Residential land values in Edinburgh have risen much more sharply than in any other part of Scotland - over this period the average value of residential land rose by 200-300%, depending on the size of site being considered. Sites suitable for flatted development have risen from around 2.8 m per hectare to around 7m per hectare.
Seen in a UK context, Scottish residential land prices are generally relatively low, but Edinburgh has land prices which are comparable only with inner and outer London. The gap between Edinburgh residential land prices and those in the rest of Scotland has widened considerably.
Land values within cities are also not uniform - the complex contours of land value maps within cities reflect the impact of environmental amenities as well as distance from the centre. Even in Edinburgh, where land values are generally very high, there are some areas - generally the city's most deprived communities - where land values are very low or indeed effectively negative.
Industrial land values are much lower throughout Scotland and have not tended to rise so fast, so that the gap between residential and industrial land values has widened. High residential land values in Edinburgh encourage owners of industrial sites to sell their sites for residential use - and there is some evidence to suggest that this is also happening in surrounding districts.
It has been argued that this trend is likely to result in employment loss, particularly in the manufacturing sector, but there is as yet little evidence of an adverse impact on total employment. There is, however, some evidence that manufacturing employment has declined more in the two major cities than in Scotland as a whole, but this decline was more than matched by the growth in service employment.
There are no indications of any change in land value trends at present - but changes in the housing and property market and in the wider economy clearly have the potential to impact on land values in the short term. In the longer term, the underlying trends suggest that the recent pattern of land value growth is likely to continue.
Population and household projections suggest that Edinburgh and the districts around it will be amongst the fastest growing areas in Scotland. Without a substantial increase in housing supply, rising population and household numbers are likely to maintain the housing market at a level of demand which results in very high residential land prices.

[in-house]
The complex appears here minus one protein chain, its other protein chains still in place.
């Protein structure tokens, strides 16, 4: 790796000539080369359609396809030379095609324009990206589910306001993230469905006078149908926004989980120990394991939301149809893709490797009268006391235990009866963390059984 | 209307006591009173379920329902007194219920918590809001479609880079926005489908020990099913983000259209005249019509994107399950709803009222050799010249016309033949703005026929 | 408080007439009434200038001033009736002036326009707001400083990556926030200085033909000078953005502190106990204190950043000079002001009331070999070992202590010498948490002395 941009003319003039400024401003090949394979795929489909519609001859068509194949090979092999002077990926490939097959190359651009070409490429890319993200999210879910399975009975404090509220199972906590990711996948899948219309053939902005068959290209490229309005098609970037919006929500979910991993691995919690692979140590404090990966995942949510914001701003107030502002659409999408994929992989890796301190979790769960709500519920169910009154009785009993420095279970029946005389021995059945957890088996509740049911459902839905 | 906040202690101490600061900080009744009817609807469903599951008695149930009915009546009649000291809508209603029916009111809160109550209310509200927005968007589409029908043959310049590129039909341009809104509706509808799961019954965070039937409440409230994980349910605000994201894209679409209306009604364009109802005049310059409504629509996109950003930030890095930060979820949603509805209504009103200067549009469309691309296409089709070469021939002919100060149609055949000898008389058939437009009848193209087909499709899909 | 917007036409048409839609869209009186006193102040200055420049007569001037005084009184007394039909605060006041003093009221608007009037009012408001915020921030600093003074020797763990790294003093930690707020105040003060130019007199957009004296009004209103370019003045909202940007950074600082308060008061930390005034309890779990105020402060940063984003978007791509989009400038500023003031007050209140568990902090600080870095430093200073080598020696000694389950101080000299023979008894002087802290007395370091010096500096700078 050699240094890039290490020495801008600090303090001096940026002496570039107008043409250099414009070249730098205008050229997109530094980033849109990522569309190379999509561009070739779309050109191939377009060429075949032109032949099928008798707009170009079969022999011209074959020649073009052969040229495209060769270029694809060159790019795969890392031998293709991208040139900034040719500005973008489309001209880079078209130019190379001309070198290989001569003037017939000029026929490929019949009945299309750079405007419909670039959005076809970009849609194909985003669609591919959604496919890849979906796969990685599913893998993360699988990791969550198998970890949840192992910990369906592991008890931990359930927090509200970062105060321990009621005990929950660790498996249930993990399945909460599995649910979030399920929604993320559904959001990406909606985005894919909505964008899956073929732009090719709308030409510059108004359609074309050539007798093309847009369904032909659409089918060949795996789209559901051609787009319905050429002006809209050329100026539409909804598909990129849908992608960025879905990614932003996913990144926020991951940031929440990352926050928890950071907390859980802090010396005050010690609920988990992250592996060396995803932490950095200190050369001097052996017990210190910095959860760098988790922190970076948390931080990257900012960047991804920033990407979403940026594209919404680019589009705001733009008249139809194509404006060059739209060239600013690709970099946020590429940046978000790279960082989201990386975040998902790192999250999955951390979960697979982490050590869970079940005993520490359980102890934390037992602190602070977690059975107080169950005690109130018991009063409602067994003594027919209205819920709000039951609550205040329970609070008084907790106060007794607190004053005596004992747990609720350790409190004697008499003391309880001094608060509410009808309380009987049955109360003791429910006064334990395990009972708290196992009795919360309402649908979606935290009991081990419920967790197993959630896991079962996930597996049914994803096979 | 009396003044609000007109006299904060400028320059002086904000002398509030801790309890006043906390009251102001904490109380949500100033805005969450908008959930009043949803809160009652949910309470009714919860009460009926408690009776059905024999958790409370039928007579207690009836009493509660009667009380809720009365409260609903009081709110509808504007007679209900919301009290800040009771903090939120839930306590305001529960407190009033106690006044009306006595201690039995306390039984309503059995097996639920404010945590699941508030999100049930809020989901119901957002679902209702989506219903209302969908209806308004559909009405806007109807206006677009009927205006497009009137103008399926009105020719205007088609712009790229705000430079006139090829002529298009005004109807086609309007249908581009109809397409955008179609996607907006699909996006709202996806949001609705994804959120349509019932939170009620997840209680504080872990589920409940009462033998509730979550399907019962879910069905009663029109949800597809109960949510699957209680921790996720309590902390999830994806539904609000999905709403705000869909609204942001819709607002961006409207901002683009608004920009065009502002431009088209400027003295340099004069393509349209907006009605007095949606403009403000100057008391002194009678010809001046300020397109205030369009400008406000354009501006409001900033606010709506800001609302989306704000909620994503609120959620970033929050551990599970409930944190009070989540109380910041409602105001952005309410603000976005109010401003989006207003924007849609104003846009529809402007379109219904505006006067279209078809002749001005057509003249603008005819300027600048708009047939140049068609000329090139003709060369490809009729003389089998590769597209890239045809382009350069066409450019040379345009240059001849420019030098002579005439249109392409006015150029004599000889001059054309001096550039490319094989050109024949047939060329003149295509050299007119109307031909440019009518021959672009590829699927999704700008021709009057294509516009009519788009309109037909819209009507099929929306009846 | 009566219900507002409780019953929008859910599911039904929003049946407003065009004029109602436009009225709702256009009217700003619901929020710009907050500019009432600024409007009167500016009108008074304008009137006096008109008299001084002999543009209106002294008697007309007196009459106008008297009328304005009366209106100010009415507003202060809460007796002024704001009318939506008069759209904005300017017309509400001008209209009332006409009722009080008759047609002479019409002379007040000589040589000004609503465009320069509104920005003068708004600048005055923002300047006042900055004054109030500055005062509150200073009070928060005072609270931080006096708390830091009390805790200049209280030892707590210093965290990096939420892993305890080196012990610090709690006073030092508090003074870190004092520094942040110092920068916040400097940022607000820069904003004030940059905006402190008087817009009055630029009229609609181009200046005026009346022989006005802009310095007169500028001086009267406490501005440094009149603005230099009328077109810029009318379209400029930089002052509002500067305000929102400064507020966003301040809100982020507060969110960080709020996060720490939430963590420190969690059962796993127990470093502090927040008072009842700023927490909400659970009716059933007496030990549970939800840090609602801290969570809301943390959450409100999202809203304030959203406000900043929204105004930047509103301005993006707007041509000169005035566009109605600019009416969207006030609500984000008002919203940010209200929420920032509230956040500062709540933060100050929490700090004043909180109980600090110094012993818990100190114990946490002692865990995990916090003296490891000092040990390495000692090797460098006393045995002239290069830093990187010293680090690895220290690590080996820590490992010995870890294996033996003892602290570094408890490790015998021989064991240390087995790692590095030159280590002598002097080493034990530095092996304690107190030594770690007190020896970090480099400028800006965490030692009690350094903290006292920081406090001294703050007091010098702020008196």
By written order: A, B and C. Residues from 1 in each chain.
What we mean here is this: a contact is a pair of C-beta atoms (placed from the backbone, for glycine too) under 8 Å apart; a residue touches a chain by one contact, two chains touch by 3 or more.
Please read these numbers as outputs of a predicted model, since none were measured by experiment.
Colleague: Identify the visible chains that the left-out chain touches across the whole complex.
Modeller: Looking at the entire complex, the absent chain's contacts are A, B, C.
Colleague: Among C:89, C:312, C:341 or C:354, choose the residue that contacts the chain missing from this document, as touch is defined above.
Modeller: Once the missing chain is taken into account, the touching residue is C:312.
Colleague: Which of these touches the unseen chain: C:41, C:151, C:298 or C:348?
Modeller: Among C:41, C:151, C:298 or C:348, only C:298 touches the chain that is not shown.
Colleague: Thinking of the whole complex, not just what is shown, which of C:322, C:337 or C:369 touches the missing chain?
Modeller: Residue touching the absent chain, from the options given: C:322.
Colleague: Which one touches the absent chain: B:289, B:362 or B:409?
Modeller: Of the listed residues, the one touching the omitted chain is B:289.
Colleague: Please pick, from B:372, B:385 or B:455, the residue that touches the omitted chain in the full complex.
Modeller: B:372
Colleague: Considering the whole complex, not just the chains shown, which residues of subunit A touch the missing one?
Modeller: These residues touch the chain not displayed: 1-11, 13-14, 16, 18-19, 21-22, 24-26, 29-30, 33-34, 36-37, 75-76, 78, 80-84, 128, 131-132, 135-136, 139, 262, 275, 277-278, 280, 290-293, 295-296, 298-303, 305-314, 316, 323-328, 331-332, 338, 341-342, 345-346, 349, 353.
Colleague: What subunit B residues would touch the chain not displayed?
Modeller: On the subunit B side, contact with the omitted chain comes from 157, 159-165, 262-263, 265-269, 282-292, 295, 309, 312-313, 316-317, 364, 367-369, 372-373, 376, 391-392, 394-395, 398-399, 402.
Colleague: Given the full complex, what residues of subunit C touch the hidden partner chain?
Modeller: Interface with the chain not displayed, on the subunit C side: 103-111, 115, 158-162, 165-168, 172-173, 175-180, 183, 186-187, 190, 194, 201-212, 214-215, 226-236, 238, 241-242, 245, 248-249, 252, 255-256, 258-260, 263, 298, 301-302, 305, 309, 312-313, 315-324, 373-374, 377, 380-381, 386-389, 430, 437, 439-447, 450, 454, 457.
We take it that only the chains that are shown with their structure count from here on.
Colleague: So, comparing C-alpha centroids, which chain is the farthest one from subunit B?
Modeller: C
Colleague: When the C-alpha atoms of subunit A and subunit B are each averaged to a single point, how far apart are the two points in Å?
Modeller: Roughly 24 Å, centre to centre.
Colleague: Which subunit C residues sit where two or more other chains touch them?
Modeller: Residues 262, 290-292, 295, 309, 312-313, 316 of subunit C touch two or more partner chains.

Where land values are high and rising rapidly, the benefits are that the market in land clears rapidly, so that there is virtually no land vacancy or overhang of brownfield land; land values are high enough to fund substantial amounts of planning gain; and there may be sustainability benefits from the denser, more compact city which is likely to emerge.
The disbenefits are various - housing associations find it difficult to find sites for affordable housing to rent which meet Communities Scotland value for money criteria and declining affordability of family housing in the city itself may result in long distance, unsustainable commuting patterns. Substantial amounts of windfall development - often a feature of high land value areas - may result in renewal taking place in a piecemeal, haphazard fashion, without the benefit of planning briefs or masterplans.
Low land values are associated with a number of negative scenarios. Very low land values are no more than a symptom of low demand, - and so are an indicator either of the weakness of the local economy or of dysfunctional neighbourhoods which fail to provide the quality of life required by those who can exercise choice in the market.